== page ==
CLEVELAND — As we continue to learn new information about coronavirus, research shows the virus poses an increased threat to people with pre-existing medical conditions.
The COVID-19 pandemic has created new worries for people living with cystic fibrosis, a disease that directly attacks the lungs.
Millions of Americans have been quickly forced to make big lifestyle changes, from communicating with friends and family online to wearing protection when leaving the house and working from home.
Some cystic fibrosis patients say they have been practicing a variation of these physical distancing measures their entire lives.
“We are truly taking social distancing to the max,” Andi Valaitis said.
Valaitis has been living with cystic fibrosis since she was diagnosed at just three months old.
Complications of COVID-19 could be especially dangerous for Valaitis and other cystic fibrosis patients.
“There’s a lot of anxiety and a lot of fear about what it will mean if you get this infection,” Dr. Elliott Dasenbrook said.
Respiratory specialists like Dasenbrook are taking proactive steps to ensure the safety of their patients.
“What are we going to do if they get admitted to the ICU or even need a ventilator?” Dasenbrook said, “How do we make sure they get their CF care while they are COVID-19 positive?”
Cystic fibrosis patients are using only telemedicine for routine appointments.
“The CF care centers basically said all virtual appointments. Shut it down,” Valaitis said, “So we were really one of the first groups that said, ‘Okay, go virtual.’”
They’re also ramping up the frequency of their exercises and treatments.
“If you were doing say two times a day or three times a day you’d add in another treatment,” Valaitis said.
Daily cystic fibrosis care consists of nebulizer treatments and the use of percussive vests.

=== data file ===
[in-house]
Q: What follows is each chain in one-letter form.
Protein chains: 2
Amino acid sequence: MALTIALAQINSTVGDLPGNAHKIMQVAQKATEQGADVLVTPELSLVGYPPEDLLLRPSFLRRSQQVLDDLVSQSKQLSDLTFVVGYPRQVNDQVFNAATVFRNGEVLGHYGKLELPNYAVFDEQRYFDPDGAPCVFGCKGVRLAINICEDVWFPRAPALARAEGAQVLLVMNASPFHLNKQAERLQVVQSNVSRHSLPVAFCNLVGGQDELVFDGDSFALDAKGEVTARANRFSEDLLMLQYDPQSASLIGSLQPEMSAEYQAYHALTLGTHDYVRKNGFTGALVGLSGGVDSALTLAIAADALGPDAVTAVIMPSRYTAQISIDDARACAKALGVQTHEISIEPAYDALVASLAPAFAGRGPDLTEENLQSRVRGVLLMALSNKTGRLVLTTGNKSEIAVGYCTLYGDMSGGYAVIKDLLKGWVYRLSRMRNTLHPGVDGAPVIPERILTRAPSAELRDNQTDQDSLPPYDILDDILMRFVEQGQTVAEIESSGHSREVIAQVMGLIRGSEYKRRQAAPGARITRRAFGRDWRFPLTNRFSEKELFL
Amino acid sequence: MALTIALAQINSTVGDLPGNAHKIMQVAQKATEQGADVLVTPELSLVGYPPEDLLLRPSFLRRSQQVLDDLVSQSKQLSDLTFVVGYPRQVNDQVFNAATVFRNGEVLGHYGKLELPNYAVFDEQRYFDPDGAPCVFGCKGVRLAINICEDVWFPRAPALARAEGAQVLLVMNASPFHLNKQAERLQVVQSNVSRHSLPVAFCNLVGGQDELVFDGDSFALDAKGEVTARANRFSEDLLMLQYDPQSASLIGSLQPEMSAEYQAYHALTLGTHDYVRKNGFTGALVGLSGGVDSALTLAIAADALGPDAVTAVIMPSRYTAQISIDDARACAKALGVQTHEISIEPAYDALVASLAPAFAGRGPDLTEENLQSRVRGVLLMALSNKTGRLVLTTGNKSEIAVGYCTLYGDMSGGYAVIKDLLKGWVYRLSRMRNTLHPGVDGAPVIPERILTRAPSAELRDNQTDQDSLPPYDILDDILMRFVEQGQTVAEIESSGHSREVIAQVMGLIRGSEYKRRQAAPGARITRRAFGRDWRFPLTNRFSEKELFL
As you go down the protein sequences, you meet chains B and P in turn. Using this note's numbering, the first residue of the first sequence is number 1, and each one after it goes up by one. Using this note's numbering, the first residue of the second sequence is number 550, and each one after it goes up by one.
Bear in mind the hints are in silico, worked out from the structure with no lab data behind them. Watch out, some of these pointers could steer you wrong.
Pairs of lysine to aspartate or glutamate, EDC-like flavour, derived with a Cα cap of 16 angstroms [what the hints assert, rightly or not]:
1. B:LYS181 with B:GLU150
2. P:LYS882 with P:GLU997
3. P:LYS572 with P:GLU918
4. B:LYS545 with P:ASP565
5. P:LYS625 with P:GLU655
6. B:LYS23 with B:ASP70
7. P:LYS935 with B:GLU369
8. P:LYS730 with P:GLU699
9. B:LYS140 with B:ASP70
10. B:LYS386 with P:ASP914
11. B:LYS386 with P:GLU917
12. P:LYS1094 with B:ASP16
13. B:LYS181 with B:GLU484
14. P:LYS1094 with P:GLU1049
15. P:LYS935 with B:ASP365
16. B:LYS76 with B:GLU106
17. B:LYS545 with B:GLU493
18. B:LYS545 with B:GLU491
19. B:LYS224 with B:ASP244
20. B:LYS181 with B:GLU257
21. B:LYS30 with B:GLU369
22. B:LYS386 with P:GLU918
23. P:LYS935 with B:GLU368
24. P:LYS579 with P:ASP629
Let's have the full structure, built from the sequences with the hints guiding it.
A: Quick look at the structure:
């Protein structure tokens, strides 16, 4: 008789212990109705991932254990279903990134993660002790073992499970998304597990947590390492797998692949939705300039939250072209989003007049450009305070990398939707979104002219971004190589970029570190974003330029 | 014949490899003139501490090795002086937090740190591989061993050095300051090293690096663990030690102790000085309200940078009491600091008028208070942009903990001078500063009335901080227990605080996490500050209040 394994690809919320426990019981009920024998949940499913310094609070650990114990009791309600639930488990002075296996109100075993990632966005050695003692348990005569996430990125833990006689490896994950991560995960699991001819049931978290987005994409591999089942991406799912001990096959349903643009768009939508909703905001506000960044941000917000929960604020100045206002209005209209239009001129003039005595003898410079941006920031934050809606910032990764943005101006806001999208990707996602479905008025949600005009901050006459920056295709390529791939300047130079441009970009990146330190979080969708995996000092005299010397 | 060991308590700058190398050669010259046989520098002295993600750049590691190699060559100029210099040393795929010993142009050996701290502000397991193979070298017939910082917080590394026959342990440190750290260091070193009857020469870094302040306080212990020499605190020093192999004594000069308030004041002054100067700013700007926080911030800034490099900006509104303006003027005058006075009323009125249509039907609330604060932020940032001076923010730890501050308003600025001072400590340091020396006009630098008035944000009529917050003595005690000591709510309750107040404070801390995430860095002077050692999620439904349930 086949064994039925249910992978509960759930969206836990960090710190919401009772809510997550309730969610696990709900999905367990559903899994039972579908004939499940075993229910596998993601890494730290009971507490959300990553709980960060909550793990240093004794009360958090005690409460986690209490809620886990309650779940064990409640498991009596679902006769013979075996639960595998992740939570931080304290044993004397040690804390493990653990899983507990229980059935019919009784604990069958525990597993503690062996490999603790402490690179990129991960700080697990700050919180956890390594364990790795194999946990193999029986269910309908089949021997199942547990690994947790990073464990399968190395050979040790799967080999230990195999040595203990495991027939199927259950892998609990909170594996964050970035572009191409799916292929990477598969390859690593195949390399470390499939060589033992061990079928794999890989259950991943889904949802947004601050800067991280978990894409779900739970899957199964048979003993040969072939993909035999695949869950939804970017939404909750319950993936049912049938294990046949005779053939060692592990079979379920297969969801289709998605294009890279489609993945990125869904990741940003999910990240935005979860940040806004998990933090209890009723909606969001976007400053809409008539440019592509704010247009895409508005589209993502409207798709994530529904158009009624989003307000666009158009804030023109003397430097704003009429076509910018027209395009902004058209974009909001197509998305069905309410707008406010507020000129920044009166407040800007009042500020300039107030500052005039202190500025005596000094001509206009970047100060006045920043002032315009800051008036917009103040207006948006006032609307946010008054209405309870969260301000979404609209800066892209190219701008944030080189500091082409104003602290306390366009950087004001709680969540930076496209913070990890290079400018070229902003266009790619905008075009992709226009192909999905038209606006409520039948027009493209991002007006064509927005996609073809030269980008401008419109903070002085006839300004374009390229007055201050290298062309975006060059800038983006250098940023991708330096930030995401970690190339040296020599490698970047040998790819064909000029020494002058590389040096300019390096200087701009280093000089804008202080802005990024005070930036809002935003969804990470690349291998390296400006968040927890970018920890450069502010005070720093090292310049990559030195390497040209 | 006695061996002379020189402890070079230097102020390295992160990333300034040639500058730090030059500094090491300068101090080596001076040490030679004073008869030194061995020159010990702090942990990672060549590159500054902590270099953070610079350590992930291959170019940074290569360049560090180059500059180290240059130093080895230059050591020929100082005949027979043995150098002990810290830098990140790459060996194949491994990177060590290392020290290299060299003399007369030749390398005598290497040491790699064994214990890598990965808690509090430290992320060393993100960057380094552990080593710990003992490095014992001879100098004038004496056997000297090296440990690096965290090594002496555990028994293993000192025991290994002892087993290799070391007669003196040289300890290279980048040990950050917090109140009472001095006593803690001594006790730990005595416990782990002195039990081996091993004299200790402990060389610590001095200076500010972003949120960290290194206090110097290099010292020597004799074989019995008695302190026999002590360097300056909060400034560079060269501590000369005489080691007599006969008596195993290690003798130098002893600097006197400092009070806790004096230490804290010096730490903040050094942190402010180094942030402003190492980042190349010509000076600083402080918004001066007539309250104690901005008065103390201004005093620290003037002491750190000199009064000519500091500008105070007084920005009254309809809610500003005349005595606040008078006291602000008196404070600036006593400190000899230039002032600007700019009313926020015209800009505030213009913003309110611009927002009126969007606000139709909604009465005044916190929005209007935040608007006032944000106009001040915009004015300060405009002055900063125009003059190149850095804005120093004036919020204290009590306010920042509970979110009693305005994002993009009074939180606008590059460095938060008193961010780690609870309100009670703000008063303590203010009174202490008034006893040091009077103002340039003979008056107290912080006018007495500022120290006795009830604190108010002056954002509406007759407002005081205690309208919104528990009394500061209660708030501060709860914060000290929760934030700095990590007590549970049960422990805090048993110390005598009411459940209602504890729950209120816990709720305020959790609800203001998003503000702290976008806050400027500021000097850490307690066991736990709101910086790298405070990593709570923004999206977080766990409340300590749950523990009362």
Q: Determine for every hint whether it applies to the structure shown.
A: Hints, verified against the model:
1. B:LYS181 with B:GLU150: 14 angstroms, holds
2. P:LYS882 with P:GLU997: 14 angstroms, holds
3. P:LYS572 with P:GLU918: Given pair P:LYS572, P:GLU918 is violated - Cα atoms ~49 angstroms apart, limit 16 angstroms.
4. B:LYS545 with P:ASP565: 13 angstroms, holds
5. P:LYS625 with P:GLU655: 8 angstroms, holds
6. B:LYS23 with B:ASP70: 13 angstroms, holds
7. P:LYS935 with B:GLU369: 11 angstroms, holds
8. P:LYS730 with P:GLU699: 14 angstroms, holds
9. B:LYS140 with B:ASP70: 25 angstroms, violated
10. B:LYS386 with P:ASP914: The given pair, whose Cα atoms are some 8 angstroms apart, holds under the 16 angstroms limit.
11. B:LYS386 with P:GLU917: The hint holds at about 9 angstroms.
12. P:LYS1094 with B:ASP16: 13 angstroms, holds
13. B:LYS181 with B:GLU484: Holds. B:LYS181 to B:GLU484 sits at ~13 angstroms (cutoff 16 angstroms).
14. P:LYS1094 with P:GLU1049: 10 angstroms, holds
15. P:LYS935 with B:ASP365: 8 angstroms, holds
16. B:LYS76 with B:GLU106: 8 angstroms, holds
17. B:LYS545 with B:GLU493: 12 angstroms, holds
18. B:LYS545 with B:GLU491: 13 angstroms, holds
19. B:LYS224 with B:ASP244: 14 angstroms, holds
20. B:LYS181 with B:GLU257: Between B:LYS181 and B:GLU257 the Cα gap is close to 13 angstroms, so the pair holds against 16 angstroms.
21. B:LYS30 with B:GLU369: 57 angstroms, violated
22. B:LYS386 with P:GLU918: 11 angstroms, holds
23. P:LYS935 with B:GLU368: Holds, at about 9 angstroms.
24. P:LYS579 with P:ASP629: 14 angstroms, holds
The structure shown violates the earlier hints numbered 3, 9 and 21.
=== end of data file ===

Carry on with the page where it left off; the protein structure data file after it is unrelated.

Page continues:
“It’s a percussive machine and it basically claps here, underneath and on my back in the same two places,” Valaitis said, “And it really claps my lungs to get all the mucus and break it up.”
During this time of uncertainty, Valaitis said she’s relying heavily on her family for the essentials.
“We’re not going to the stores,” Valaitis said, “It’s either our parents or a loved one and they’re going and we’re pretty much Lysol-ing them when they come in.”
For CF patients who live alone, delivery and pick-up services have become increasingly important.
“A lot of the big wholesale stores do so I think they’re really trying to utilize that,” Valaitis said, “Because that’s a way that they can load it in your car and you don’t have to touch them at all.”
Valaitis is currently a senior in high school trying to decide where to attend college in the fall.
She’s relying on social media to keep in touch with her peers.
“We started doing online coffee talks so we could at least talk with each other and see each other,” Valaitis said, “My phone battery has been dying because of FaceTime.”
Physical distancing safety measures are likely to continue for cystic fibrosis patients after the pandemic passes.
“Because it’s like, you want to hug everybody,” Valaitis said, “But then you’re like, ‘I can’t touch you.’”
Dasenbrook said social distancing and stay-at-home orders are giving people a firsthand look at what daily life looks like for some CF patients.
“A lot of our patients they send the message, ‘Hey, welcome to our world,’” Dasenbrook said, “What everyone is feeling right now, this fear of capturing COVID-19, is how a lot of CF patients feel their whole lives.”
For more information about how COVID-19 affects cystic fibrosis patients, click here.
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